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Old March 6th, 2009, 10:35   #9
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Tight enough to stay in place and not shift, loose enough to not have it get pressed into the BB's path.

Originally Posted by arcanuck View Post
Actually there are a couple real reasons for using solid baffles, one is to create a series of chambers with high enough resonating frequencies that the damping material can absorb or otherwise nullify this acoustic energy and convert it to heat over the relevant bandwidth. The size of these chambers has to be tailored to the projectile bore diameter and barrel length, rather than having sound bouncing around randomly in these aforementioned chambers. The second is to form a seal as good as practical, forcing the expanding gasses to fill the cavities and in turn lower the pressure present at the muzzle; most suppressors will have a preliminary chamber to aid in this. Though it will not matter in Airsoft, it also relieves some of the pressure from the baffles to extend service life.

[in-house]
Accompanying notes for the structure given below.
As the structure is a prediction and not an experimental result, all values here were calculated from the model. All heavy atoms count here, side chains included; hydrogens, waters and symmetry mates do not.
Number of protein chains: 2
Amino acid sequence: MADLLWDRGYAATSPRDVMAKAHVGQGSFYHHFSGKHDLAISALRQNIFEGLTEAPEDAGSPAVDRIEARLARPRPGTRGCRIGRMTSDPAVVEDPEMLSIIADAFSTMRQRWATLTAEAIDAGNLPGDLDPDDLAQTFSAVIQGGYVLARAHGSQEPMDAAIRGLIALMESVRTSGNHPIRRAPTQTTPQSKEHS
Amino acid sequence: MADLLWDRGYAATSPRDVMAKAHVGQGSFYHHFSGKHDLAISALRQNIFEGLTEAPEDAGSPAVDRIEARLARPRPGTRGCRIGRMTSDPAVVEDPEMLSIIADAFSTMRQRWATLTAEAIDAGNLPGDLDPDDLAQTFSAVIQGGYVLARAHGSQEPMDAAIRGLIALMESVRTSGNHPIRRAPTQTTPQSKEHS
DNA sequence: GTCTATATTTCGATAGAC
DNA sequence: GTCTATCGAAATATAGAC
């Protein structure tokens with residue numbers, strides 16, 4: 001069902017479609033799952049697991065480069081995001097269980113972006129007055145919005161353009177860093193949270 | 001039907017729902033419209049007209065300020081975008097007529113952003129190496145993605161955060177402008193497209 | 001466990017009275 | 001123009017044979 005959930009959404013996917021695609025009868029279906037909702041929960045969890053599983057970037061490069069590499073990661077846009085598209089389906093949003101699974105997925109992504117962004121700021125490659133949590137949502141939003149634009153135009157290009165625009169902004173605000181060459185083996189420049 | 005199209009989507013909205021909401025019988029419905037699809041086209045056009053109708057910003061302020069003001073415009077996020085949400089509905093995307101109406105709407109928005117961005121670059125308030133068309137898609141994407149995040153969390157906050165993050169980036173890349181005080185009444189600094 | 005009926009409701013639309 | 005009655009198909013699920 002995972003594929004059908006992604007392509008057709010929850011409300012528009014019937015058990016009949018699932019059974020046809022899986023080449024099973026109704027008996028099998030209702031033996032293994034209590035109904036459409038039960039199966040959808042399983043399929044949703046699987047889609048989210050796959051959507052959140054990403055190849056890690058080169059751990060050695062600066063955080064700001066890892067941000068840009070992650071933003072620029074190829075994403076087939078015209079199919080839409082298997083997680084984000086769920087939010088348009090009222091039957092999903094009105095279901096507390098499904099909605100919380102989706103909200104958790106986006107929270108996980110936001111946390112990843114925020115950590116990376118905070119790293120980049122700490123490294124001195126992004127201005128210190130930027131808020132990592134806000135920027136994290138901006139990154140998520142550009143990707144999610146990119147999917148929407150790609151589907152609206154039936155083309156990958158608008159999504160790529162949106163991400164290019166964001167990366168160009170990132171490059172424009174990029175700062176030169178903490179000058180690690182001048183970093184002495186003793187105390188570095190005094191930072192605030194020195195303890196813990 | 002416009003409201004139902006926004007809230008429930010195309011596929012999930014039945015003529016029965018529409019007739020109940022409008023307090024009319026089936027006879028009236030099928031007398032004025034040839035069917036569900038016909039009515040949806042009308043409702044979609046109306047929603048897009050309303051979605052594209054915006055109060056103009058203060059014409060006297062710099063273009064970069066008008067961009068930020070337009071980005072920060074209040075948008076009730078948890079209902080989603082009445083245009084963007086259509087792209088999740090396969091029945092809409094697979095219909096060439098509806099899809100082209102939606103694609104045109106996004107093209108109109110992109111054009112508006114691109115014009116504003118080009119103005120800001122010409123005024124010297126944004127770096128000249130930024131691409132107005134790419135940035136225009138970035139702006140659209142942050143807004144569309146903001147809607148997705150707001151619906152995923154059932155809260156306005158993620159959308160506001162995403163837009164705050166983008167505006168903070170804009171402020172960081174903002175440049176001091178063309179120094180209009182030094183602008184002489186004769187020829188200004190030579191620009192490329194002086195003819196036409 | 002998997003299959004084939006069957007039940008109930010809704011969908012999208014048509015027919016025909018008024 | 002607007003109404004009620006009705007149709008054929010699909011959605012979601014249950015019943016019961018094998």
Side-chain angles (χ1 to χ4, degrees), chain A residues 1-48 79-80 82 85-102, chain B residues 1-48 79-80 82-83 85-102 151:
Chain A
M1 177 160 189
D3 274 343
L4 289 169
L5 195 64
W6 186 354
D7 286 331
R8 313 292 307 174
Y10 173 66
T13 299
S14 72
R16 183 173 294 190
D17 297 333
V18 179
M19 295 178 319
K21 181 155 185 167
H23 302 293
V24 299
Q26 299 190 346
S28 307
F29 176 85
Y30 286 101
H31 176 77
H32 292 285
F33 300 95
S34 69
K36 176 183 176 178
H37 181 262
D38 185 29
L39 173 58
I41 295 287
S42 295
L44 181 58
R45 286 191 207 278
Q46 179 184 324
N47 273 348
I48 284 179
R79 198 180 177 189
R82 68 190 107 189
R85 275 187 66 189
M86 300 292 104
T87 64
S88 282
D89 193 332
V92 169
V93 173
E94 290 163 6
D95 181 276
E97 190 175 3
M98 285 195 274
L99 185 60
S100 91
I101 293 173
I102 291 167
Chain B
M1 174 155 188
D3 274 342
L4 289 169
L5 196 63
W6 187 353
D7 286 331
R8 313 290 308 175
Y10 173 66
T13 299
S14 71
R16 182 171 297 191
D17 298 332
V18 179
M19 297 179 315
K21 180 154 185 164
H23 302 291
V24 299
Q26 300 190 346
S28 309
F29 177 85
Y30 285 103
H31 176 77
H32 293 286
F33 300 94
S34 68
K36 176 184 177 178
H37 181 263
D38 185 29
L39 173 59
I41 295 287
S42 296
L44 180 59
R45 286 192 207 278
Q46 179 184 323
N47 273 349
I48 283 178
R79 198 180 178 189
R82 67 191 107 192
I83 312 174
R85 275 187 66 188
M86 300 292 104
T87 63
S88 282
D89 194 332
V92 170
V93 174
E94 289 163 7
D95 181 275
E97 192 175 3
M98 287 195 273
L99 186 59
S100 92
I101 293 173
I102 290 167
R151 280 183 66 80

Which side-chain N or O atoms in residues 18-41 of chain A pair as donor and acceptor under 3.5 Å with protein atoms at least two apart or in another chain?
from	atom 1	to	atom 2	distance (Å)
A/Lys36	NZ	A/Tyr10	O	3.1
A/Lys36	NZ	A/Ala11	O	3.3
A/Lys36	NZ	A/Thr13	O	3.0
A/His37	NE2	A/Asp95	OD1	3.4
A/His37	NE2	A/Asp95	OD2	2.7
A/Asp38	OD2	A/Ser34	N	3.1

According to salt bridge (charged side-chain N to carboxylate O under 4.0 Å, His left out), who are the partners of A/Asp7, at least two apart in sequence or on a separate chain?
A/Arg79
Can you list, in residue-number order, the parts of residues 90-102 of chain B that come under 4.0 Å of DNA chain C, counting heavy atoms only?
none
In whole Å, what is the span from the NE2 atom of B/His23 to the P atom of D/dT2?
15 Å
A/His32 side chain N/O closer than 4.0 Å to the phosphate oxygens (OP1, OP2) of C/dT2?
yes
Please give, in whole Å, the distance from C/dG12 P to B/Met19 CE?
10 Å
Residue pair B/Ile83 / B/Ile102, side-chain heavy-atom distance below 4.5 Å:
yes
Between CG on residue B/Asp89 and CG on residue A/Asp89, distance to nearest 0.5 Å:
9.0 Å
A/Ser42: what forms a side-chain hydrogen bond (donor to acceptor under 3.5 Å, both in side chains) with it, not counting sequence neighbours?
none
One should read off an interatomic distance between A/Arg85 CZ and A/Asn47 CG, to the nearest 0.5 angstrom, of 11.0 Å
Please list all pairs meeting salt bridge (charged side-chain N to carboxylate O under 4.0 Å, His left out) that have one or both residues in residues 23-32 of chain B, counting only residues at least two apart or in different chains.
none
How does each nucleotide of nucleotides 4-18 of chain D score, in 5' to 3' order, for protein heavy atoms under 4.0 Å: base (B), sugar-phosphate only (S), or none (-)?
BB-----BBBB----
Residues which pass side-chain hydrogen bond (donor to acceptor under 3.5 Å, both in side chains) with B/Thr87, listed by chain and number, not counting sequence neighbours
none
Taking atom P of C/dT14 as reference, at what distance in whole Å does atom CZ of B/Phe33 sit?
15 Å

Again the lack of design knowledge and how to implement it properly keeps individuals from being successful in adequate attenuation, but that is a good thing I suppose since we don't want people building real ones either. So I guess if someone wants to change the sound and maybe lower the report a bit, foam will work.
That's a bit much, comparing airsoft suppressors to the real steel ones. Lol, show off.
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